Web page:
One of the most important goals of chapter 15 is to promote cooperation and communication between U.S. courts and parties of interest with foreign courts and parties of interest in cross-border cases. This goal is accomplished by, among other things, explicitly charging the court and estate representatives to "cooperate to the maximum extent possible" with foreign courts and foreign representatives and authorizing direct communication between the court and authorized estate representatives and the foreign courts and foreign representatives. 11 U.S.C. §§ 1525 - 1527.If a full bankruptcy case is initiated by a foreign representative (when there is a foreign main proceeding pending in another country), bankruptcy court jurisdiction is generally limited to the debtor's assets that are located in the United States. 11 U.S.C. § 1528. The limitation promotes cooperation with the foreign main proceeding by limiting the assets subject to U.S. jurisdiction, so as not to interfere with the foreign main proceeding. Chapter 15 also provides rules to further cooperation where a case was filed under the Bankruptcy Code prior to recognition of the foreign representative and for coordination of more than on foreign proceeding. 11 U.S.C. §§ 1529 - 1530.
The UNCITRAL Model Law has also been adopted (with certain variations) in Canada, Mexico, Japan and several other countries. Adoption is pending in the United Kingdom and Australia, as well as other countries with significant international economic interests.
- A "foreign proceeding" is a "judicial or administrative proceeding in a foreign country ... under a law relating to insolvency or adjustment of debt in which proceeding the [debtor's assets and affairs] are subject to control or supervision by a foreign court for the purpose of reorganization or liquidation." 11 U.S.C. § 101(23). A "foreign representative" is the person or entity authorized in the foreign proceeding "to administer the reorganization or liquidation of the debtor's assets or affairs or to act as a representative of such foreign proceeding."
- An establishment is a place of operations where the debtor carries out a long term economic activity. 11 U.S.C. § 1502(2).
Wed., June 27, 2012
Fri., June 15, 2012
A U.S. federal judge refused Wednesday to enforce Mexican glass maker Vitro SAB's controversial debt restructuring in a closely watched bankruptcy case that threatened to sever the cross-border business cooperation between the two nation's legal systems, The Wall Street Journal reported. Judge Harlin D. "Cooter" Hale of the U.S. Bankruptcy Court in Dallas sided with bondholders in rejecting Vitro's bid, in what has been called one of the most important cases decided under Chapter 15, the section of the U.S. Bankruptcy Code governing international insolvencies. Judge Hale said in a 29-page opinion that Vitro's Mexican restructuring plan, which extinguishes guarantee claims of the...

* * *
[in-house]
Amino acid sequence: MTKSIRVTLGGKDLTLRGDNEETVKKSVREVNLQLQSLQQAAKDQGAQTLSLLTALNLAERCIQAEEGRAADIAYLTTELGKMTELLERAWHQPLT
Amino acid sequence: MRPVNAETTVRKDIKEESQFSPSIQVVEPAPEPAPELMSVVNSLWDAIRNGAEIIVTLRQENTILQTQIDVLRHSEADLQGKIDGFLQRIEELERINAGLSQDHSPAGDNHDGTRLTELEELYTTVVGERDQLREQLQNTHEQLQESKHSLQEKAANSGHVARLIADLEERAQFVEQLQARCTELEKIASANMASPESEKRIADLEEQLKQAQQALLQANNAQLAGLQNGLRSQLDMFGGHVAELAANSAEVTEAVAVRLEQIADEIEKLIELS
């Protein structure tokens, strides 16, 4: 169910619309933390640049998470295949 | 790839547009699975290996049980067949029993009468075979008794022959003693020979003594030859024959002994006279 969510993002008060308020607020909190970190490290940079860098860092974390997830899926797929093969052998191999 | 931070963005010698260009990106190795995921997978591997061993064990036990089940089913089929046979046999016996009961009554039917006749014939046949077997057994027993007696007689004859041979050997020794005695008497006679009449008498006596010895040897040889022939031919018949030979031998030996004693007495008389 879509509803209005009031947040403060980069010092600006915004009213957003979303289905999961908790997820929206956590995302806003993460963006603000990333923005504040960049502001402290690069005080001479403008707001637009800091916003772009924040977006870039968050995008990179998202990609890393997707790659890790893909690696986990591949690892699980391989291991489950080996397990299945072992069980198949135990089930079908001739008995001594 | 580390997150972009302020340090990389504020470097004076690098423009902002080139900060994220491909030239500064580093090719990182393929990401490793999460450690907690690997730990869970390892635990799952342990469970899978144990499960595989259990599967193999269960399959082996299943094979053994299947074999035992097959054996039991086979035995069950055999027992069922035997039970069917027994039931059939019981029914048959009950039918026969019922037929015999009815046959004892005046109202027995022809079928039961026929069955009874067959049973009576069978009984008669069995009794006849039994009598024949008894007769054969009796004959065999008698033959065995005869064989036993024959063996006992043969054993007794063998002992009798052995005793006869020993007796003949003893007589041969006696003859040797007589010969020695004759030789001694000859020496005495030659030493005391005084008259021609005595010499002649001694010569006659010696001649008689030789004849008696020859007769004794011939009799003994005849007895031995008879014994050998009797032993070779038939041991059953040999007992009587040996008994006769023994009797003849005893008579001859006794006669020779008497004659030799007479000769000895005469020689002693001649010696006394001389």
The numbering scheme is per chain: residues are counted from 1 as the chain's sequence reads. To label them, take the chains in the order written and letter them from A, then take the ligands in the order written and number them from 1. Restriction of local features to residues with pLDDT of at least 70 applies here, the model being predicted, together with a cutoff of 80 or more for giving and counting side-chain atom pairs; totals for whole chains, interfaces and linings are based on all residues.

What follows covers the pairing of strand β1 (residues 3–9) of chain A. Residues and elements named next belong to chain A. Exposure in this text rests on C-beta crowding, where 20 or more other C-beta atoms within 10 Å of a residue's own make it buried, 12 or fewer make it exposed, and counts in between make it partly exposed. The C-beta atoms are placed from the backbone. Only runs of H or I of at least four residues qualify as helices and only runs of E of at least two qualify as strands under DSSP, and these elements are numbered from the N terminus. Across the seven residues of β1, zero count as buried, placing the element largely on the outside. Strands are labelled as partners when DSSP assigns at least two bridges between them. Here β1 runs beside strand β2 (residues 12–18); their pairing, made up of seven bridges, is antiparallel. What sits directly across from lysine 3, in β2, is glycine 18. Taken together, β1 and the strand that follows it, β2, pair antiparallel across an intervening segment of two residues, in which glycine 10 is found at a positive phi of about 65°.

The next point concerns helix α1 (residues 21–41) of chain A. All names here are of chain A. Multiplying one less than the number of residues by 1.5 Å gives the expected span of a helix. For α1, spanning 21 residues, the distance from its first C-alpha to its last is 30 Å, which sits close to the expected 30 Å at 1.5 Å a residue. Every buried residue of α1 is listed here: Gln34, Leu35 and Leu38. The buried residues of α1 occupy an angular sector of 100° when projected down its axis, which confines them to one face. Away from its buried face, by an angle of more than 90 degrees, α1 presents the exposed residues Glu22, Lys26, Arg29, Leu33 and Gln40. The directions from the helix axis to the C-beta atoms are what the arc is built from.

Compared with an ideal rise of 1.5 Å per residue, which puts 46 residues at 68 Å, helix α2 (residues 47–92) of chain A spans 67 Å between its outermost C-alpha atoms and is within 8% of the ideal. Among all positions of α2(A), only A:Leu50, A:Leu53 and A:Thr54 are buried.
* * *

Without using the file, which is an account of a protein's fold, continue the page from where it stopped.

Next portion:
Fri., June 8, 2012
Vitro SAB’s bid to enforce its Mexican bankruptcy plan in the U.S. is set to be decided by a judge next week after the glassmaker clashed with bondholders in court over the plan, Bloomberg reported. U.S. Bankruptcy Judge Harlin DeWayne Hale in Dallas said in court today that he plans to rule on Vitro’s enforcement motion next week, probably by June 13. Vitro, which has won approval for the bankruptcy plan in Mexico, is seeking an order from Hale enforcing the restructuring and stopping litigation by bondholders who have been fighting the plan in the U.S. and Mexico in an effort to collect on $1.2 billion in defaulted bonds. Andrew Leblanc, an attorney for Vitro, said in his closing...
Fri., May 18, 2012
Investors and financial analysts have their eyes on a bankruptcy case, pending in a Dallas courtroom, that they say could systematically shift how American firms do business with Mexican companies, KETK reported. The case also comes at a time when business interests from both sides of the Rio Grande are pushing to include Mexico in the current Trans-Pacific Partnership negotiations. Mexican glass company Vitro S.A.B filed for voluntary bankruptcy in December 2010, after defaulting on about $1.2 billion in bond debt held by foreign banks, including American interests. But in its reorganization plan, the company aimed to place its internal shareholders in first order for bankruptcy...
Wed., March 21, 2012
Humpuss Sea Transport Pte Ltd., a Singapore-based unit of an Indonesian shipping company, filed for Chapter 15 bankruptcy protection in the U.S., Bloomberg reported. The unit of Jakarta-based PT Humpuss Intermoda Transportasi is already under the control of liquidators in Singapore, where it was incorporated in 1996, according to Monday’s filing in U.S. Bankruptcy Court in Manhattan. Debt and assets were listed at more than $100 million. “Following the global financial crisis in 2008, shipping rates (HST’s primary source of revenue) sharply decreased,” Jason Aleksander Kardachi, a liquidator for the company in Singapore, said in court papers. Proceedings against Humpuss Sea to make...